This year was supposed to be Diamondback Energy's (NASDAQ:FANG) year to shine. The energy company spent years building out a large-scale operation in the Permian Basin through acquisitions and organic expansion. Those investments had it on track to generate a gusher of free cash flow in 2020 at a conservative oil price assumption.

Crude prices, however, have crashed well below the most pessimistic outlook because of the COVID-19 outbreak. That has put intense pressure on Diamondback's stock, which has lost two-thirds of its value this year.

The sell-off probably has some investors wondering whether Diamondback Energy might be a good buy as a bounce-back candidate. Here's a look at the case for and against buying shares of the oil producer.

A drilling rig surrounded by oil pumps at sunset.

Image source: Getty Images.

The bull case for Diamondback Energy

Diamondback Energy quickly adjusted as oil prices tumbled. In early March, the company immediately reduced its activity level so it could continue generating cash and preserve its balance sheet and dividend. It adjusted spending further a couple of weeks later, slashing its budget by 40% overall, including taking a break on completing new wells for the next few months. It further trimmed its outlook at the end of the month. Diamondback has also locked in oil price hedges for all its anticipated output this year as well as some of its 2021 production. These moves positioned the company to weather the current storm in the oil market.  

In Diamondback's view, it can generate enough cash thanks to its pipeline contracts and oil hedging program to stabilize its oil output by the fourth quarter and keep it at that level through next year, even as spending declines by another 20% to 30% in 2021. It also has the flexibility to make additional cuts if market conditions deteriorate further. Likewise, it can quickly ramp back up if they improve so that it can cash in on a rebound. That ability to move swiftly to both navigate the current storm and capture opportunities when conditions improve shows the strength of its portfolio and financial profile.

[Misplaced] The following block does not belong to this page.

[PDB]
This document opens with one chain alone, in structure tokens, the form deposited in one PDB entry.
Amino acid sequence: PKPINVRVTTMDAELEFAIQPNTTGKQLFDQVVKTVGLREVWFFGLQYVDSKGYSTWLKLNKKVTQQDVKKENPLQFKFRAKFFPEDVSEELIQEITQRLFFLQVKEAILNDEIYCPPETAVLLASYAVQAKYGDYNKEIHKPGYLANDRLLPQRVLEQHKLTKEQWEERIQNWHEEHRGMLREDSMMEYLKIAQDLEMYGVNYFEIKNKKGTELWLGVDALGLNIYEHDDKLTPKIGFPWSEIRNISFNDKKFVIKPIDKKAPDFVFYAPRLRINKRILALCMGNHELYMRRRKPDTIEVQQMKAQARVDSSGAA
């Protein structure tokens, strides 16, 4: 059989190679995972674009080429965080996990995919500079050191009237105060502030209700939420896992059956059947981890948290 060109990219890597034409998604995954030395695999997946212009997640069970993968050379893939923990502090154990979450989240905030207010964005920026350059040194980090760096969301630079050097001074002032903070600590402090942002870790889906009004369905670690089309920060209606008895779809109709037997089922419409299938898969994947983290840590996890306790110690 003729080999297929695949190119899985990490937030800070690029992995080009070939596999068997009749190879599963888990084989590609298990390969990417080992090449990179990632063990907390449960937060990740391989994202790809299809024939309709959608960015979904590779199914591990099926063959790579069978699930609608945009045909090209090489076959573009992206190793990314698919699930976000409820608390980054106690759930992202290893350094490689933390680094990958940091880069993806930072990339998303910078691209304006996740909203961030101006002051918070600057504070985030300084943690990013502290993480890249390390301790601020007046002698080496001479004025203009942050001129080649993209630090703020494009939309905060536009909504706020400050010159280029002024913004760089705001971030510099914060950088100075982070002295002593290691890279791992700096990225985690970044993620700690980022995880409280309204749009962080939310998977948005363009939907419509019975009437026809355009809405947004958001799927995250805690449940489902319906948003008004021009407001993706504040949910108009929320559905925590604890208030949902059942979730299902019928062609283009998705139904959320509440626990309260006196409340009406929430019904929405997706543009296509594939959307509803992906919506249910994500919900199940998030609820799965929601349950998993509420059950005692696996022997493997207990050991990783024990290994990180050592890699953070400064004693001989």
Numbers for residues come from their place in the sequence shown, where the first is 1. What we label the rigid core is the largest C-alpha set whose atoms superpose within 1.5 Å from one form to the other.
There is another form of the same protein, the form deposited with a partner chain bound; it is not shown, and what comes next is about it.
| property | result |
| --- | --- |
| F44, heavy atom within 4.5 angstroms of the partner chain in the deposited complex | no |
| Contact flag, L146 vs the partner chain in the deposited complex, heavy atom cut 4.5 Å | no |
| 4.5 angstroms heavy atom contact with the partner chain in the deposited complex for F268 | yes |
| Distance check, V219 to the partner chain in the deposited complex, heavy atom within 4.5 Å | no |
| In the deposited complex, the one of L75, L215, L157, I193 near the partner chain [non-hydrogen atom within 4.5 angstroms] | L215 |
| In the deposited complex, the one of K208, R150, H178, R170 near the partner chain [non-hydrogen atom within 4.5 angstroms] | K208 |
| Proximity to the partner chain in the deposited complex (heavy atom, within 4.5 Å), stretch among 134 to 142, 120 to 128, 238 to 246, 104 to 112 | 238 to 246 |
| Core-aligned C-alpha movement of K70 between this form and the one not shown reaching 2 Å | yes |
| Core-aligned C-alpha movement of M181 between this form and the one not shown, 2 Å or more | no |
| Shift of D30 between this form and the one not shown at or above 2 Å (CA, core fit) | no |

The bear case against Diamondback Energy

Oil prices have cratered this year. They recently fell below $20 a barrel even though OPEC has stepped back in to support the market. They could keep falling because demand has plummeted so dramatically that crude oil is piling up in storage. At the current pace, the industry could reach its capacity in a month, which could cause oil to go negative as companies pay to get rid of their excess since they have nowhere else to put it. That prospect for even lower oil prices -- which could remain down for quite a while since it will probably take a long time to burn off all the excess inventory -- could keep the pressure on Diamondback's stock price.

The prospect of persistently rock-bottom oil prices could eventually cause some financial problems for Diamondback. On one hand, it built its business conservatively as the company ended 2019 with a low leverage ratio of 1.5 times debt to EBITDA, which was below its 2.0 target. However, with oil prices collapsing, Diamondback's earnings will eventually follow since its hedges will expire, meaning its balance sheet could come under pressure. One area of concern is that Diamondback has a $399 million debt maturity next year, which it might have trouble refinancing if oil prices remain low, especially as more oil companies declare bankruptcy. The company might need to suspend its dividend to conserve cash as well as sell assets at unattractive prices so it has the money to pay off debt as it matures.

Verdict: Too much uncertainty

Being one of the stronger companies focused on the Permian Basin, thanks to its scale and low operating costs, Diamondback can navigate through the current challenging period better than most of its peers.

However, the oil market could get much worse, and prices might stay low for quite a while, causing a wave of industry bankruptcies. Investors might want to wait things out before buying shares of oil companies, even those of top-tier shale drillers like Diamondback.